Prime Minister Roosevelt Skerrit
ROSEAU, Dominica — Heads of government who attended the recent meeting of the Organisation of Eastern Caribbean States (OECS) in Roseau are reported to be “extremely disappointed” with their colleague Prime Minister Roosevelt Skerrit of Dominica.
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Reliable sources indicated that, at the suggestion of St Kitts and Nevis Prime Minister, Dr Timothy Harris, the OECS leaders discussed the candidacies for the post of Commonwealth secretary general.
Two of the four candidates are nominated by OECS countries – long-serving Caribbean diplomat and regional advocate Sir Ronald Sanders of Antigua and Barbuda and Baroness Patricia Scotland, a sitting member of the British parliament.
The discussion centred on one of them being withdrawn to allow the 12 Commonwealth Caribbean countries to put forward a single candidate.
It was reportedly evident at the meeting that Sanders enjoyed the support of the majority of Caribbean countries and had more support in the wider Commonwealth than Scotland. Skerrit is said to have stated to his colleagues that he was prepared to withdraw the British baroness, but that he wanted to discuss the matter with his Cabinet on the following day (Friday).
At a press conference after the OECS meeting, Grenada Prime Minister Keith Mitchell said: “It was agreed among the heads that, given that the two possible candidates at this time are OECS citizens, that the leadership of both of the countries involved will meet, and by the time we leave here next week we are going to the Commonwealth meeting with one recommendation coming from the Caribbean region.”
He added that it makes no sense going to Malta with two candidates, thus reducing their possibilities and having the region eclipsed because of the lack of unified effort around a particular candidate.
However, at the press conference, which was also addressed by Dr Harris, the Dominica foreign minister Francine Baron made an unannounced appearance and in an awkward, halting style appeared to try to re-interpret statements from the two prime ministers that agreement was being sought for one candidate.
In a video clip posted on YouTube by the Dominica Information Services, Prime Minister Mitchell can be heard sotto voce referring to the Dominica foreign minister’s unexpected intervention as “She shouldn’t have …. This is unfortunate”.
Immediately after the press conference and contrary to Skerrit’s undertaking to his colleague heads of government that he would take to his Cabinet the proposal to withdraw the sitting member of the British House of Lords, the Office of the Prime Minister in Dominica issued a statement headlined “Dominica remains fully supportive of its nominee, Baroness Patricia Scotland”.
The statement continued that “clarification” was necessary “since it had been suggested in the media that OECS leaders had agreed on a single candidate”, without explaining the basis of the conclusion that the single candidate reportedly agreed was not Dominica’s nominee.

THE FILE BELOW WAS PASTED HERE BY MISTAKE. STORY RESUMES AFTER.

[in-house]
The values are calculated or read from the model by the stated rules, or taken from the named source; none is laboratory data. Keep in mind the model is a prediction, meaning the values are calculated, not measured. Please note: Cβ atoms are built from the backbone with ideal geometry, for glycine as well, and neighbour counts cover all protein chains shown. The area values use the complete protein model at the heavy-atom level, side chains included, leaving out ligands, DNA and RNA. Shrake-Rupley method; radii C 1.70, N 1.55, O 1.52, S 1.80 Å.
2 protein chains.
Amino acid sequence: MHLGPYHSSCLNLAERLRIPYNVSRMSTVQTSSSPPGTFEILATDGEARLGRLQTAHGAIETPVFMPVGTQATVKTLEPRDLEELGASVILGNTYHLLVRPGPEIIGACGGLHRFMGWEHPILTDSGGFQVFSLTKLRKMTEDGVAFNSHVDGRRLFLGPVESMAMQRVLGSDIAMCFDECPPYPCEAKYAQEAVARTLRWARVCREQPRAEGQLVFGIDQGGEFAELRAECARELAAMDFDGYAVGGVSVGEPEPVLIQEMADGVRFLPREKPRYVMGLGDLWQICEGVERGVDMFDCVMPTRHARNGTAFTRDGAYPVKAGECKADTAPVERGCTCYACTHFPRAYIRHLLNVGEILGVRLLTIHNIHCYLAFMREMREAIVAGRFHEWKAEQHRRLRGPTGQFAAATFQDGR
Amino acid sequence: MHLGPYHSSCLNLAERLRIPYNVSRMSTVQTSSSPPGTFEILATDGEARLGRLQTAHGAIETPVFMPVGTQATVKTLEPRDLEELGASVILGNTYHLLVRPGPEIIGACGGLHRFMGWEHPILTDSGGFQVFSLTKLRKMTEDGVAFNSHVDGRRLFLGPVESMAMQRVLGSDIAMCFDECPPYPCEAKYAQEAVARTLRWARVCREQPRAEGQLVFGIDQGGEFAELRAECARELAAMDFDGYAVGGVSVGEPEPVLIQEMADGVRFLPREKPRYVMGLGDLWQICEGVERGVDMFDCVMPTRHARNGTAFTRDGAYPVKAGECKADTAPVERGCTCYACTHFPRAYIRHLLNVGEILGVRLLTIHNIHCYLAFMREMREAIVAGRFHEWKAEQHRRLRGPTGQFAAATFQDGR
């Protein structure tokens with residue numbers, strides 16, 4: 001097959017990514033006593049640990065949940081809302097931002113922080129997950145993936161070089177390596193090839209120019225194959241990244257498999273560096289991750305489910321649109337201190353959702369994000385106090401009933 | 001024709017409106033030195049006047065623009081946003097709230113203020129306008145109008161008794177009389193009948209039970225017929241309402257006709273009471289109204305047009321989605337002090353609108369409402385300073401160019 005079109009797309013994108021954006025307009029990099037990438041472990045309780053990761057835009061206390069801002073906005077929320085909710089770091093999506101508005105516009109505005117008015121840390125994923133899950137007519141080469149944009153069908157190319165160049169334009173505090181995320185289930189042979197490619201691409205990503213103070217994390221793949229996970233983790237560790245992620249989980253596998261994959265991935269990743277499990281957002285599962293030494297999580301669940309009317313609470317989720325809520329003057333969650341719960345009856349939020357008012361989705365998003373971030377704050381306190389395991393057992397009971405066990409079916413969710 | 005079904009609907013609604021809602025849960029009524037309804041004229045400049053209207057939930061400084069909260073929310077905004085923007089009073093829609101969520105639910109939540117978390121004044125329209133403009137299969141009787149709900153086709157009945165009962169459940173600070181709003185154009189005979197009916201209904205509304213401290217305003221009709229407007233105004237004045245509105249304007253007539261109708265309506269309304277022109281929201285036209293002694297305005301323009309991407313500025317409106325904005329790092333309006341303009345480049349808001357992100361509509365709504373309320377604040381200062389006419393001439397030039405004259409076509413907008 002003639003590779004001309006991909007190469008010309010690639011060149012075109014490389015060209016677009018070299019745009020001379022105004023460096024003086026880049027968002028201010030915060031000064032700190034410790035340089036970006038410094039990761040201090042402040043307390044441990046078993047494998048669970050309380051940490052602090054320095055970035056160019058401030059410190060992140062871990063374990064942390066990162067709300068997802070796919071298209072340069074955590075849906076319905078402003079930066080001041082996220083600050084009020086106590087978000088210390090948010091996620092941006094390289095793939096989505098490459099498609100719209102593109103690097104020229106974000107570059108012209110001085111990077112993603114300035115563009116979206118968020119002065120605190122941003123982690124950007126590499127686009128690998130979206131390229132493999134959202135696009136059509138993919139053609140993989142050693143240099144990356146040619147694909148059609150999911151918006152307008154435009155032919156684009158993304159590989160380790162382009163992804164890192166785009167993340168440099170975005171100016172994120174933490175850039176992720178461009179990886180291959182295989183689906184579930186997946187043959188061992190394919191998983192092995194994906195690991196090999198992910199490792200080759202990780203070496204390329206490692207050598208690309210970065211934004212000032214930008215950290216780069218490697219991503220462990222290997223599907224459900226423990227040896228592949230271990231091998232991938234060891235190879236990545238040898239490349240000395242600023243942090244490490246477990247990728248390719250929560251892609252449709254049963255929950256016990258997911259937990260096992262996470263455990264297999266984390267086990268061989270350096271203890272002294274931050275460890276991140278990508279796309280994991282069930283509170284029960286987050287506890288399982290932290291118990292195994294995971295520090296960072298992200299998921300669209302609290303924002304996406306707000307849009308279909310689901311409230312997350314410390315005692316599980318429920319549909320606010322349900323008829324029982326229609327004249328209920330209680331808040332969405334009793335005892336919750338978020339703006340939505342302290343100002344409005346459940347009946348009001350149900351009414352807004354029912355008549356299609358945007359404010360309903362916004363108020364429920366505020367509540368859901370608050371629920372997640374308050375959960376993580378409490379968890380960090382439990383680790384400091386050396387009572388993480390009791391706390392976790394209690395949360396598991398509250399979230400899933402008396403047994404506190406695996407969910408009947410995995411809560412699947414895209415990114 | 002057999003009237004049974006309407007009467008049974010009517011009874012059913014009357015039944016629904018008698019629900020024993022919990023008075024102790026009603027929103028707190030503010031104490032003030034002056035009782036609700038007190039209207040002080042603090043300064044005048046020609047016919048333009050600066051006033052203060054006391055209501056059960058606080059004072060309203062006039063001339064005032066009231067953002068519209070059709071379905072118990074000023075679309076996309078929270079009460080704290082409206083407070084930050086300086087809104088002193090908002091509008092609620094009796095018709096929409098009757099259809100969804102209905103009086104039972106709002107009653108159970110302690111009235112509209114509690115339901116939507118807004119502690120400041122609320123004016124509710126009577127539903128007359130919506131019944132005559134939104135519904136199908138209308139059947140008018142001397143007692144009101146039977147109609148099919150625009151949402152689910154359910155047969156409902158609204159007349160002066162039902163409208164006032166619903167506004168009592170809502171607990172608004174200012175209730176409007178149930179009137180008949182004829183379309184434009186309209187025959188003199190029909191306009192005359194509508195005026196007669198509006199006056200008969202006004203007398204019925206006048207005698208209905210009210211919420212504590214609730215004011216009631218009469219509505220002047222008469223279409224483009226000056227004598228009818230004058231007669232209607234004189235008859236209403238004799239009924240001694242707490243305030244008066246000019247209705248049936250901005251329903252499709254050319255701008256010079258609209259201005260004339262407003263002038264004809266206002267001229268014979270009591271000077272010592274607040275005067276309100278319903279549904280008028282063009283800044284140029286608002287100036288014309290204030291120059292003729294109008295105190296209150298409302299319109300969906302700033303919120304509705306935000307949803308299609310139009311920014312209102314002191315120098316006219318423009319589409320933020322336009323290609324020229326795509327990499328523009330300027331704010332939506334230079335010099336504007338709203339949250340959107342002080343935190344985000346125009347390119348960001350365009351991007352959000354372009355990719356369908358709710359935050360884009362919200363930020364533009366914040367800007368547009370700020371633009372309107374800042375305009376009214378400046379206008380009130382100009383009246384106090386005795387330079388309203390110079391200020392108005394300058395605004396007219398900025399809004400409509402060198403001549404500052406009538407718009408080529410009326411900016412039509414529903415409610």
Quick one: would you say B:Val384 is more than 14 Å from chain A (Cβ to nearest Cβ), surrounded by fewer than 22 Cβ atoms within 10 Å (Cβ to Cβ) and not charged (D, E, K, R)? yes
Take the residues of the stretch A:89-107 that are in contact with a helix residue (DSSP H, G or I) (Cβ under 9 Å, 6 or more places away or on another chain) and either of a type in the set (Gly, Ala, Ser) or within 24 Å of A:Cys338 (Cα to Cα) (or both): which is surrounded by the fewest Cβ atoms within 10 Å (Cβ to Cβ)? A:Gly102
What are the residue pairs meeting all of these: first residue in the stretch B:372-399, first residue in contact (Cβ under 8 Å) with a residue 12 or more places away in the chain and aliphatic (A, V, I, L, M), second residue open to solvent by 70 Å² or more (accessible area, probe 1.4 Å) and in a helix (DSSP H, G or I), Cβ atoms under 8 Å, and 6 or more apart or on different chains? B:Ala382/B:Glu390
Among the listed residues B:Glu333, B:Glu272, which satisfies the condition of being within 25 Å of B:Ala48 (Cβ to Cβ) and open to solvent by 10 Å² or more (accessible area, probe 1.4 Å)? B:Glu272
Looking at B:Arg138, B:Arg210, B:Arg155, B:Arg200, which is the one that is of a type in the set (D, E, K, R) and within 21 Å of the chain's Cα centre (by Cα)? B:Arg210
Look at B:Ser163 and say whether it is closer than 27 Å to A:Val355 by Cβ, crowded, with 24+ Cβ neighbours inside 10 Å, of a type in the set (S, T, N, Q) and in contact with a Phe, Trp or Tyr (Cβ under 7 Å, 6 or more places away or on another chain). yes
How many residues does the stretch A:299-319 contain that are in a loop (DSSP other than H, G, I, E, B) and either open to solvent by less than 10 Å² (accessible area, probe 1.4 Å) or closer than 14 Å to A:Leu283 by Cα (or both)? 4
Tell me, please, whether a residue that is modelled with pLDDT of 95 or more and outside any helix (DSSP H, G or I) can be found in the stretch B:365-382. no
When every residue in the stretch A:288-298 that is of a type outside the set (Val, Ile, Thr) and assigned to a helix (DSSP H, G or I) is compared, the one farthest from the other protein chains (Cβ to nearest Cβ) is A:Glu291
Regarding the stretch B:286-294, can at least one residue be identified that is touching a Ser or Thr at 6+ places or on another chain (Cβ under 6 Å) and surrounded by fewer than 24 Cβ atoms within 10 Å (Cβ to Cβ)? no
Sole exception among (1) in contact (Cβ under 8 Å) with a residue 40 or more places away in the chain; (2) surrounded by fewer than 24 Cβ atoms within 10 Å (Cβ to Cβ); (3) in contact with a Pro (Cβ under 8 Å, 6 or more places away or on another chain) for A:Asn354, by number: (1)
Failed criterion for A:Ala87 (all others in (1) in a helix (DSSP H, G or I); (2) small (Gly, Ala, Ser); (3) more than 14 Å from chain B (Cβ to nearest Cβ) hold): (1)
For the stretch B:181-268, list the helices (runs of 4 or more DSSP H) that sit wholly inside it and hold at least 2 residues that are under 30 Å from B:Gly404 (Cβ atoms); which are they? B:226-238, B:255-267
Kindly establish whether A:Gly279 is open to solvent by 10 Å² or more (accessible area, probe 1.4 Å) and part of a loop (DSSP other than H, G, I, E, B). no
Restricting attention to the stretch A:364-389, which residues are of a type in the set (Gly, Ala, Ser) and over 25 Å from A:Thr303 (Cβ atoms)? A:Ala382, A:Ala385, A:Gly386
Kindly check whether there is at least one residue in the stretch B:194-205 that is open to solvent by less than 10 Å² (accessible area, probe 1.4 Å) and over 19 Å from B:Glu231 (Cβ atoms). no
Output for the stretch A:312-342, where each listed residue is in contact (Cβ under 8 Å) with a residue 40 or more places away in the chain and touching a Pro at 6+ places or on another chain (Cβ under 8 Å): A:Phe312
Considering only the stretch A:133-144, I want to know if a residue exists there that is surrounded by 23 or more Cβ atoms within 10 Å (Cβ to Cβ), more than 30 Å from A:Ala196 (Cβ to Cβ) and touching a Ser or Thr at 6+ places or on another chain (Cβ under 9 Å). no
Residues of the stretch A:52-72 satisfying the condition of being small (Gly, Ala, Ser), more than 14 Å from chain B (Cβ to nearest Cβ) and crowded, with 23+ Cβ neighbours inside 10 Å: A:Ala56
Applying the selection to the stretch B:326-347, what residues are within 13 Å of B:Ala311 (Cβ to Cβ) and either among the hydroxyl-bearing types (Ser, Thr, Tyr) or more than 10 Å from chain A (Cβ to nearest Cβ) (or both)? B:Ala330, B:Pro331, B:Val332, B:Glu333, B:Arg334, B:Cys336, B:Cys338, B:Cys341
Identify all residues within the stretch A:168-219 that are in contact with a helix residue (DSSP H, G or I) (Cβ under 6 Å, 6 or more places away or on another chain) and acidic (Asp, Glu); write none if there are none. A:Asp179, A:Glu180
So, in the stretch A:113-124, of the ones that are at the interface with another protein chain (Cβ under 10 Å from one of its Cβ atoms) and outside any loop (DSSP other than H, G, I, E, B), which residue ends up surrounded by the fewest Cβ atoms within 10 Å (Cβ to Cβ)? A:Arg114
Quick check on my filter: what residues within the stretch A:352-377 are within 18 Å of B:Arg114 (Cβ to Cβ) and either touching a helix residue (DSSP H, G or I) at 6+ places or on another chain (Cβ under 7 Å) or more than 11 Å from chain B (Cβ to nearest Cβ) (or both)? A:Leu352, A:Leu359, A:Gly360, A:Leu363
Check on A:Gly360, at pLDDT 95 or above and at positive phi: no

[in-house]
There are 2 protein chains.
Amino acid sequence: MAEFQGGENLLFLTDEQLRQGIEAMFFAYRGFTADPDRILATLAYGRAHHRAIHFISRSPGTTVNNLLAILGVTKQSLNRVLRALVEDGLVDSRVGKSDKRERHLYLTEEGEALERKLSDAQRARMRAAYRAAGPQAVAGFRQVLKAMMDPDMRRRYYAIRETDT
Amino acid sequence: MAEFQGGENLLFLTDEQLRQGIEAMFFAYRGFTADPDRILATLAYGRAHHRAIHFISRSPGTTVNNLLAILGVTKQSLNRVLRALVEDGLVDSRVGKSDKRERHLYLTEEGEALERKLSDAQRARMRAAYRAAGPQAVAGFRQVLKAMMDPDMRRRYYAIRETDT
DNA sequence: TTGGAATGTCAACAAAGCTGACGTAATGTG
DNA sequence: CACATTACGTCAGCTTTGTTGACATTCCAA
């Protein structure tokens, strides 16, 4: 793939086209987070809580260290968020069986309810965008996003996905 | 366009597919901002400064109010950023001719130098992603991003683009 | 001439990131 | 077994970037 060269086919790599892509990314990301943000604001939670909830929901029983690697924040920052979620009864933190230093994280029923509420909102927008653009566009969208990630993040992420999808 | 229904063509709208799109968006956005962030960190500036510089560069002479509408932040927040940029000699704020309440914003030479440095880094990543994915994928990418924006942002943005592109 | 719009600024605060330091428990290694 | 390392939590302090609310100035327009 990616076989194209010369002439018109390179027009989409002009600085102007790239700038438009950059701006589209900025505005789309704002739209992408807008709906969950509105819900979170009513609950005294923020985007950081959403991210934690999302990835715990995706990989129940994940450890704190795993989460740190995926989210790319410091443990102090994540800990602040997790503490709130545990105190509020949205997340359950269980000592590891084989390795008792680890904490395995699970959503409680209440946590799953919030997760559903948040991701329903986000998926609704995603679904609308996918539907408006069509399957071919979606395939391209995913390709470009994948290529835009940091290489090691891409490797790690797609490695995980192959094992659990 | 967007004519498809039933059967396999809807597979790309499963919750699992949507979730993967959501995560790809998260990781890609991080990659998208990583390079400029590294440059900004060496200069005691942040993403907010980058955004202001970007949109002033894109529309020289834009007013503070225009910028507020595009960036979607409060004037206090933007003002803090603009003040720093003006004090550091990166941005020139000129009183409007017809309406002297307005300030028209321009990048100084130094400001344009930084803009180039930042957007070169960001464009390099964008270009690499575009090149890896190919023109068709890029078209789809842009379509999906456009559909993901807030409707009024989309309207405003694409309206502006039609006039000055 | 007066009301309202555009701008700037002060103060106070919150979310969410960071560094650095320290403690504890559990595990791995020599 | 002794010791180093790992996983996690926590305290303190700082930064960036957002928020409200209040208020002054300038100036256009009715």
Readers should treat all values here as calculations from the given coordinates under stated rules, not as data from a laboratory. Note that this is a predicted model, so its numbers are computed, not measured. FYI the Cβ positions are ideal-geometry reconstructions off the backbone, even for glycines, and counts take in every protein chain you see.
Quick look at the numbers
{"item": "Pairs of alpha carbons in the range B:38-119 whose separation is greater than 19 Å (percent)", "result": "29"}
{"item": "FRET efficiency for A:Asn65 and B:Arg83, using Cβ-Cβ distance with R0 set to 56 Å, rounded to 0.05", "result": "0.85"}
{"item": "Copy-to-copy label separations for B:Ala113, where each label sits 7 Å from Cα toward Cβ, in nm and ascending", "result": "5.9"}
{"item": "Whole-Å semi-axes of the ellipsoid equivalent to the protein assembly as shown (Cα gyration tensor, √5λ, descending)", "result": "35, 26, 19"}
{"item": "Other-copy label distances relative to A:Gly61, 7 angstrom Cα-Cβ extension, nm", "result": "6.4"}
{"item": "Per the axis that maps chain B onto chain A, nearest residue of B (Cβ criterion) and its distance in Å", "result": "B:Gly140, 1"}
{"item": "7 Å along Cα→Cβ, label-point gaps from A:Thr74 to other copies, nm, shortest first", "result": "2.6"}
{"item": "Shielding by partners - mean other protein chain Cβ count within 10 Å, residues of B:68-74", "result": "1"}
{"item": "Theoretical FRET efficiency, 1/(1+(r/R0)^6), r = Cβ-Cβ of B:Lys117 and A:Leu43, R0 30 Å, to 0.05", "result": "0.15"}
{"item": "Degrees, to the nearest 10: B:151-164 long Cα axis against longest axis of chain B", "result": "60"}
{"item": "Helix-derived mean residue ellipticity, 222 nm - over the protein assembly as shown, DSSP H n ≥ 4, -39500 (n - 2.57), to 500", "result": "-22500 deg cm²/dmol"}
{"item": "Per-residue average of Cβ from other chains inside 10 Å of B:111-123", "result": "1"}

OECS leaders have expressed disappointment that the understanding they reached with Skerrit, as peers and in the interest of the Caribbean generally, was reneged on after their good faith discussions.
Baron said at the press conference that “it is important going forward to consider which of the candidates are likely to be able to command the majority votes within the Commonwealth.”
Given that Sanders already enjoys a preponderance of support from the Commonwealth Caribbean countries, and Asian and African member countries are unlikely ever to vote for a sitting member of the British House of Lords, her remark could be interpreted as an unplanned, tacit acknowledgment that the single regional candidate should be Sanders.
Prime Minister Harris said that the current failure to reach a regional consensus sets a dangerous precedent “where any island, any member of CARICOM could go on its own personal agenda which makes it ever so difficult whenever we need to leverage the collective strength of the region.”
In a subsequent statement, Lennox Linton, leader of the opposition in Dominica, pointed out that the island has benefited in recent years for example, from Caribbean Community (CARICOM) consensus on the appointment of Dominicans to the top positions at the Pan American Health Organization and CARICOM.
“Yet, in the interest of a Dominican by birth, whose life, work, accomplishments and dominant nationality are all absolutely British, Mr Skerrit is fighting against CARICOM consensus on one candidate for top Commonwealth job,” Linton said.
Speaking in an interview with state-owned DBS Radio, Skerrit said that, following the discussion at the OECS Authority meeting, the cabinet has carefully looked at all the issues and the government remains firmly behind its candidate.
“Dominica is firmly behind its candidate in the person of Baroness Scotland,” he stated. “Her name will be advanced at the meeting in Malta at the end of this month.”
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